So what else should I have on a basic bass effects pedal board? Do I need compression? What about reverb? Anything else?
I’m posting this because I heard this song and “need” that tone!
It doesn’t replace love, but it does sound good! What do you need?
I’ve spent the past few days completely under the weather. Not horribly sick, just miserably out of it. It got to the point where I didn’t want to play the guitar because my hands and joints hurt.
But that has given me some time to catch up on the dvr. Has anyone seen Queen Rock Montreal? It was originally released as Queen Will Rock You, but was rereleased in 2007 (and apparently remastered). I must say, it did rock!
This probably isn’t the best example from the concert, but Brian May had some ripping tone and I finally understood why so many people love his tone. What I really enjoyed was being able to watch him play with his volume (and onboard switches like pick up phase, pick up selection, etc, but mostly his volume) to control his tone. He could clean it up. He could bash out power chords. He could make solo’s sing. All through his volume knob.
The other thing that was refreshing was the cinematography. I also watched a bunch of performances from MTV award shows and the Cure performing 4:13 Dream in its entirety live.
The camera never stayed on one shot for longer than 4 seconds for all the MTV live concert footage (I counted). I could never get any sense of the band playing or of individual musicians, just motion shots of the audience or switching between band members. The 1981 Queen show was shot completely different. It stayed on a shot for much longer than 4 seconds. It had wide shots of the stage and shots that focused on individual members of the band. It was fantastic!
Plus the Queen show was just them as a four piece. They were so tight as a group. Everyone was on key and everyone’s timing was in sync. I think what I liked the most was how natural the songs sounded. They have some very layered songs and I’m sure were did a lot of complex stuff in the studio, but this performance seemed very natural, yet polished. It truly came across as four guys: three instruments and a voice. It was great to see!
Back in January when I was in the throes of my “tone quest” I tried a BBE Green Screamer pedal (thanks to my friendly local guitar shop). It is a really good TS808 clone. I liked it. I liked it a lot, but couldn’t justify the price.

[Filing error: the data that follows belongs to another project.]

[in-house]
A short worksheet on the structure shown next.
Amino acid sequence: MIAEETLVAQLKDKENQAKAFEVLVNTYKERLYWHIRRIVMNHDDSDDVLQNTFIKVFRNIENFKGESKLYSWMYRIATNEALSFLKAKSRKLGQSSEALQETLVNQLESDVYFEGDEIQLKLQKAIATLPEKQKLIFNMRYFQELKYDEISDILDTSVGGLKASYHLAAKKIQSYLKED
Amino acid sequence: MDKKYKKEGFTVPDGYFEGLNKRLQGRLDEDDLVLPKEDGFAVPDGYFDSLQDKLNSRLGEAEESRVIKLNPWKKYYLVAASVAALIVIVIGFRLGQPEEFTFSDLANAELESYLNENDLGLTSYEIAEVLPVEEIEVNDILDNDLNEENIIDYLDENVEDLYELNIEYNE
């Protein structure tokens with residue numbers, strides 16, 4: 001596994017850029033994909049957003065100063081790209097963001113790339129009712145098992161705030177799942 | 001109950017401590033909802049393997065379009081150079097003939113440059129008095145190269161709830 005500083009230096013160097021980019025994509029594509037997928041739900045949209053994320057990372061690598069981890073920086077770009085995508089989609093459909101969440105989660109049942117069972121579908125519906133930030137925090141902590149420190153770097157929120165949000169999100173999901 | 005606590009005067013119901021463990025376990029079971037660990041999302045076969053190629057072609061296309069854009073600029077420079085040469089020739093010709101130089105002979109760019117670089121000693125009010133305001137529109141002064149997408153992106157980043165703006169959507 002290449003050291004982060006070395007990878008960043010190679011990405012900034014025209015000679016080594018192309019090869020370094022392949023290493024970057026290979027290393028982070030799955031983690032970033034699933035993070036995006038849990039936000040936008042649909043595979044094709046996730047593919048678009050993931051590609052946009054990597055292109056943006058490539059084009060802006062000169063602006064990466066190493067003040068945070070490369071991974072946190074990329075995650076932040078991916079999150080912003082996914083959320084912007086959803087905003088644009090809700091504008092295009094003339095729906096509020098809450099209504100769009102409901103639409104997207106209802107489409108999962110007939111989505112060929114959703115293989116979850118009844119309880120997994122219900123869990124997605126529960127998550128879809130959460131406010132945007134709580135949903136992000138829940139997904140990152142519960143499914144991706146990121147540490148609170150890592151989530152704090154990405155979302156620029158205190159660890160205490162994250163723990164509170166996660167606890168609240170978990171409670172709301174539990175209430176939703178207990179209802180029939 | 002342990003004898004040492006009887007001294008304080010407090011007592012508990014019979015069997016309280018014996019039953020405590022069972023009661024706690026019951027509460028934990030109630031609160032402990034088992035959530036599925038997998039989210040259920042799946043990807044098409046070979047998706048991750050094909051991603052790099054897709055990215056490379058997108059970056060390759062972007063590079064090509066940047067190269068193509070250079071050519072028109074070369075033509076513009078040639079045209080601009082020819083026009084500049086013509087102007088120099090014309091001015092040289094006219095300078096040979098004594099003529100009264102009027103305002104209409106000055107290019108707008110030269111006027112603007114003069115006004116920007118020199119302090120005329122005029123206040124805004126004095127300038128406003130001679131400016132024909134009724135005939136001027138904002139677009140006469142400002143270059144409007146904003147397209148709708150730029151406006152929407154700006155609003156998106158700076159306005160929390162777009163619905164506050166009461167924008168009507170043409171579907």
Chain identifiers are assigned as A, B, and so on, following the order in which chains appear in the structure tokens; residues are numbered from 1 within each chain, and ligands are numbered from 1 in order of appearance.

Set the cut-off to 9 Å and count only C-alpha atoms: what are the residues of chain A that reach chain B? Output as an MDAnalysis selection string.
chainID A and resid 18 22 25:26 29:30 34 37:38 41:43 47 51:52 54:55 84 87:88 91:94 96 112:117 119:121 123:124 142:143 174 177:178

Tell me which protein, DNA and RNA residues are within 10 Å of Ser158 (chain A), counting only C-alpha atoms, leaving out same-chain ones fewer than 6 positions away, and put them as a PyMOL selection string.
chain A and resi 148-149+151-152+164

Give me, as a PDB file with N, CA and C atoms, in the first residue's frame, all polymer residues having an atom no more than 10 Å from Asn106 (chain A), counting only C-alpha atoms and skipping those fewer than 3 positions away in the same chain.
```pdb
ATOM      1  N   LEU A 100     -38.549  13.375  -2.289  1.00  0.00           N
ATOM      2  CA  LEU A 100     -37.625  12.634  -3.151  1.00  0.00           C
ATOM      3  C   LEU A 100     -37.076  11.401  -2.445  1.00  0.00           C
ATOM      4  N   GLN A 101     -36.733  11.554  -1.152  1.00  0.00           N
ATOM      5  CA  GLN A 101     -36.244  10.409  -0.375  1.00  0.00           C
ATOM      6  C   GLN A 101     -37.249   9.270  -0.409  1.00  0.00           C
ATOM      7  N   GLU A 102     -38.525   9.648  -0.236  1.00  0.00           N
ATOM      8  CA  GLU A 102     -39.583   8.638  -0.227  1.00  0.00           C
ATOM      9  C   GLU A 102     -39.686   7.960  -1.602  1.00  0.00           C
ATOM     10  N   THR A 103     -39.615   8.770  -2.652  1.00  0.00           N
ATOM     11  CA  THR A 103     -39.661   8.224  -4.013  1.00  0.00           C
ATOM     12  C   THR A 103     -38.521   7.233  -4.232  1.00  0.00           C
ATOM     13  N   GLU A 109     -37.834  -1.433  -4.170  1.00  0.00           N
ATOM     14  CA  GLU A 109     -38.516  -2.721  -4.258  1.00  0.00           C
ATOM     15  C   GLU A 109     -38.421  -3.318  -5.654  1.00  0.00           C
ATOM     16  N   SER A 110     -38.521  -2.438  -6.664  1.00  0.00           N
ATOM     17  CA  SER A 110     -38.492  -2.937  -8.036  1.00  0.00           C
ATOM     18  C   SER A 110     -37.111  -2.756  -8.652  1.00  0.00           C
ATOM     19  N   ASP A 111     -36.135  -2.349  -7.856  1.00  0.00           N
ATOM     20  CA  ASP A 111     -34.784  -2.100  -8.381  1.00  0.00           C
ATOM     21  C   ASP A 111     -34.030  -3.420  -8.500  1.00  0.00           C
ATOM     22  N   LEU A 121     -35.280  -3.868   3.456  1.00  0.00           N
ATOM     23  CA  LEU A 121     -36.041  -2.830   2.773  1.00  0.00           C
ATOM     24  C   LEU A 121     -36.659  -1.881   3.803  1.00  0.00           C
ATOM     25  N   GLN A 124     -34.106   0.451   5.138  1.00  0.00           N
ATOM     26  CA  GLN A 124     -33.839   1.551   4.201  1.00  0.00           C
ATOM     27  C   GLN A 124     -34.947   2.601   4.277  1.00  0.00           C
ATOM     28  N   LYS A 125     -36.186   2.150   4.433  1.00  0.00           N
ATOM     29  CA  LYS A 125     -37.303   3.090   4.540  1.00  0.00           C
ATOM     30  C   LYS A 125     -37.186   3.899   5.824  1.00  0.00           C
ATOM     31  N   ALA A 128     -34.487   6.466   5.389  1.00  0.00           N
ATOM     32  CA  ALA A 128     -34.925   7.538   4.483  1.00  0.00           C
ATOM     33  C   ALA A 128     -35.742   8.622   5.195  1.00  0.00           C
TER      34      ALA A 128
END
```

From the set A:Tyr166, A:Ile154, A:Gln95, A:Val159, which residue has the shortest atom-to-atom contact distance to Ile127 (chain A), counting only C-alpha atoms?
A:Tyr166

While wasting time on craigslist I saw a used one for a very reasonable price…and I am very tempted to get it. But I’m not going to. Since my tone quest, I have only played through my pedalboard a handful of times.
I’ve written about this many times, but I’m curious how you make gear purchase decisions. Is it just a question of what you want more? A method to prioritize what you want? I’m curious. Does it change over time?
I can’t believe it has been almost 18 months since I started my 1×12 guitar speaker cabinet project (see blue prints and pictures). Nothing like pride in building something yourself. That ol’ DIY spirit… and yet it still isn’t completely finished. But it does work (and has for over a year) and that is all that really matters.
Yesterday I finally completed the speaker grill! It didn’t take a lot of time to actually build, but it took a while for me to get around to it.
First, I cut 3/4 by 3/4 inch square dowels into the appropriate lengths to make a frame for the grill. I tried to give myself about 1/16th of an inch clearance to give the grill material some room (sorry for the out of focus picture).
Second, I got some wicker cane (the kind of stuff that is pre-made in sheets) and soaked it for an hour in warm water (the guy I bought it from said this would make it easier to pull around the frame). I’m sure it made a difference, but it was still tough.
Third, I lined up the frame with the specific lines in the wicker cane so it would be straight. Then I bent it around the frame where I stapled it onto the back of the frame. I also laid a bead of wood glue along the back of the frame so it would have something besides the staples to hold it in place. I don’t know if that has made a difference (sorry, no pictures of this process, it was pretty haphazard). It is pretty straight but it isn’t perfect.
Finally I put the grill in place. It is a very tight fit. I should’ve given myself 1/8th or 1/4th inch clearance for the grill material, but oh well. It works for now!
Next steps are getting the handle, rubber feet, and metal corners ordered and installed. Then I’ll take it all apart, sand it, and cover everything in either a clear or honey tinted finish.
Here’s a picture of the back just for fun!